Tuesday, 24 December 2013

Iona, Inner Hebrides


After a busy month due to one reason and another, I have managed to get something published here albeit not the next post in the series but the following one. Remembering the season of Christmas and not having the opportunity of my camera seeing anything seasonal this month, I opted for the place that had more meaning. It is often thought that the Island of Iona where Saint Columba built the monastery in 563 AD was when and where Christianity came to the UK, however there is evidence to suggest from Roman Britain history that this not the case. My recent visit to see the Lindisfarne Gospels revealed that there were two sides to the story with rival interests.

Coach chasing along single track roads.
A journey to Iona from the travellers point of view can be perceived by many travellers as a challenge or to others as a pilgrimage. The journey is torturous and basically takes all day involving two return ferry trips and a very long bus tour across the length of Mull from Oban. It is probably only achievable for those who base themselves in the town of Oban for a least a few days. To give you an indication of what I'm talking about here, this was only the second time that I did this trip.

Ben More, highest mountain, Isle of Mull


Although Fionnphort has a granite quarry and a shellfish industry, it is maybe surprising to know that it has nearby (Island of Erraid) connections with the novel Kidnapped by Robert Louis Stevenson.

Ferry GJC_012379 - Version 2

The village is mainly known as a port for onward journeys to Iona & Staffa.

Staffa Boat   GJC_012391
Staffa Boat


Whether it's the colour of the sea, the restful atmosphere of the place or just being pure hungry after a long bus trip ….

Beach  GJC_012412

It was time to sit on this beach in front of the … errr … village promenade !!

Rocky beach  GJC_012425
… and enjoy this view for 30 mins 

Post Office and postbox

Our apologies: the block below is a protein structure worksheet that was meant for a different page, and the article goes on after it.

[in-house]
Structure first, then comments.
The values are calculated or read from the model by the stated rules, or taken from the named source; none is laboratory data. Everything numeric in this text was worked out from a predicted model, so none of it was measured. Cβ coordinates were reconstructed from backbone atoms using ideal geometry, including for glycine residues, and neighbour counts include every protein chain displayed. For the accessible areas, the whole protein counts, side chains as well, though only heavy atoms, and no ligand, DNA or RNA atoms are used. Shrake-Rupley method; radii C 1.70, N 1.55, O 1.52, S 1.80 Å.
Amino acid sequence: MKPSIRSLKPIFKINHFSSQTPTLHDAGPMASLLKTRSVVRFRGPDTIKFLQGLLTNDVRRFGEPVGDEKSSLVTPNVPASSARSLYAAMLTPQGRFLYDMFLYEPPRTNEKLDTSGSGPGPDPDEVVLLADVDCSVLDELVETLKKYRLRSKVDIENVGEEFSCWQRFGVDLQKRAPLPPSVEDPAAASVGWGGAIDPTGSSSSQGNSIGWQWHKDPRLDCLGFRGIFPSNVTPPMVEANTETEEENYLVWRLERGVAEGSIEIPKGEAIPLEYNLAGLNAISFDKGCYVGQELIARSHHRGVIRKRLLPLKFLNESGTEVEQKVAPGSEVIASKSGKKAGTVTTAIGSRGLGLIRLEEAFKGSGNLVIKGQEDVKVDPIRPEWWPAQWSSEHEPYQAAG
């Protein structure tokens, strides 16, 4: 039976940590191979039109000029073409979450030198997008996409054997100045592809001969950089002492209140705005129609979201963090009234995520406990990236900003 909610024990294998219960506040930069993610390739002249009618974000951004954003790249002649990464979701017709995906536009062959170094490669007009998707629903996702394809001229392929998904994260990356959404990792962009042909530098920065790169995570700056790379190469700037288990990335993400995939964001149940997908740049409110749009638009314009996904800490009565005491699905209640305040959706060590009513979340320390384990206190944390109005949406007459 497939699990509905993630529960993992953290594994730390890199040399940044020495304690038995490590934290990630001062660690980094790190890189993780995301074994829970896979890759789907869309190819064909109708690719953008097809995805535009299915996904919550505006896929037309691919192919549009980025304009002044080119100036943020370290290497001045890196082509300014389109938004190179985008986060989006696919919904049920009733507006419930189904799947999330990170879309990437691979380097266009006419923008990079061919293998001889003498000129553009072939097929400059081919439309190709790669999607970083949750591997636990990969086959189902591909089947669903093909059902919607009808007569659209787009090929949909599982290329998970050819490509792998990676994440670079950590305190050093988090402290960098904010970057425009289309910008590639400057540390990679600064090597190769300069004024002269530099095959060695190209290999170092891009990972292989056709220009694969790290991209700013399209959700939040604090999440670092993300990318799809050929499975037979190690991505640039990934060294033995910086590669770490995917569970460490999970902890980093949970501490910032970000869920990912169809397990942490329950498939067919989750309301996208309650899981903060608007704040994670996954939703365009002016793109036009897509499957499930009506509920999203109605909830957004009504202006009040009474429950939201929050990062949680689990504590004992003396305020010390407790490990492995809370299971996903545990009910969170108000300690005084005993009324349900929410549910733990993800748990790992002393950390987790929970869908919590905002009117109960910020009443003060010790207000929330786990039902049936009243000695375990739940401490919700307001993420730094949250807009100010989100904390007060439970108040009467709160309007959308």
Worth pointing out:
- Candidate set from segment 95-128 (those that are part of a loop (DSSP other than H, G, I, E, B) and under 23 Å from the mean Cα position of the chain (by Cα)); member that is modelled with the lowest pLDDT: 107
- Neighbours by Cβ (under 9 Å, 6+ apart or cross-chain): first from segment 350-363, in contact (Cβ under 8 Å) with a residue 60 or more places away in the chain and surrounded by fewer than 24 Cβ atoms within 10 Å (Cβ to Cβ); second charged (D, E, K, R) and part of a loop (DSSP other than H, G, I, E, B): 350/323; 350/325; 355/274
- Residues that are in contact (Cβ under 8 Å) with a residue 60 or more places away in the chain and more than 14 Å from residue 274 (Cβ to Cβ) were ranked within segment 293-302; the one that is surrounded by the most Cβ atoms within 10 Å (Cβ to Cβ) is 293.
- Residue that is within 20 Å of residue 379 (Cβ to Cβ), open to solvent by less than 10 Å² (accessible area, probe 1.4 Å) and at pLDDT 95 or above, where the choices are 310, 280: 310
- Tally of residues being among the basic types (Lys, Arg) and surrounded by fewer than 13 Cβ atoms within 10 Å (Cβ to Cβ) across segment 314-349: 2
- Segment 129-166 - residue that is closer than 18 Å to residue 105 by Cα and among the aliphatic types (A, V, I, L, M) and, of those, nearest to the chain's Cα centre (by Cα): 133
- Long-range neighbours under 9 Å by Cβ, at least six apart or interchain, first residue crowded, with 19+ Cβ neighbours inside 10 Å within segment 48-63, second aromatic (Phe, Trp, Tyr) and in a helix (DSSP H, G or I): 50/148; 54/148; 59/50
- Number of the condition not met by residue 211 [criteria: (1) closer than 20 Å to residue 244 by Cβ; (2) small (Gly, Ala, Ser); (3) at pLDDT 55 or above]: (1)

Christianity in Scotland became focused on Iona when Columba landed on Iona from Ireland with his 12 colleagues and founded a monastery in 563 AD.

Cloisters   GJC_012462

It developed to a place of important significance as Kings were crowned and buried here. Two viking raids and martyrdom in the next 500 years caused the monks to disperse and spread the message with the Abbey eventually being burned.

Windows  GJC_012456

Once the Island had been recaptured from the King of Norway by Somerled, his son Ranald, allowed the Benedictine monks to build a new Abbey in 1203 and subsequently expanded 200 years later only to be dismantled during the reformation period.

Nave GJC_012472

The Duke of Argyll gave the site to The Church of Scotland in the late 19th century who lovingly restored and rebuilt the Abbey back to it's former glory.



One of the ministers, George McLeod, had inspiration to found the Iona Community which looked beyond the borders of The Church of Scotland into the roots of Celtic Christianity thus embracing other denominations. They later re-constructed some of the external buildings in the 20th century, all of which are still in use at present.

Cloisters   GJC_012493

One of the unfortunate points about a day trip to Iona is that the tours that the Abbey staff do usually don't coincide with the small time available on the shore, given there's just enough time for lunch and a good look around.

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As I said earlier, I wanted to post something seasonal as it's Christmas Eve but life has been that busy that I haven't had the chance with a whole range of commitments (sorry for my absence).

Silent Bookend  GJC_012468 (1)
No snow at the moment, It's just been extremely cold and windy.
It was 1992 when I made my only other trip here, I wanted to return this year for some digital images, I wonder if there will be a next time.

Farewell to the Iona ferry "Loch Buidhe"
As a postscript, angels are always part of the Christmas Nativity and here's an alternative one that I have to look at a lot ... taken earlier in the year …

Happy Christmas

Thursday, 21 November 2013

A Bridge and a Seal Sanctuary, Loch Creran near Oban

Connel Bridge, Oban.
Looking for something a little different to do amongst the standard tourist things was a little difficult particularly on the wettest day of my time here. I was talking to the Guest House owners son who inspired me with an an amazing idea that I would never have thought of (next post). This idea needed a lot of research and thought at a location near Connel Bridge that I had been wanting to photograph properly for many years. Having only driven to Oban once before back in 1992, all my shots were essentially taken from a moving train window. It was time to rectify that today.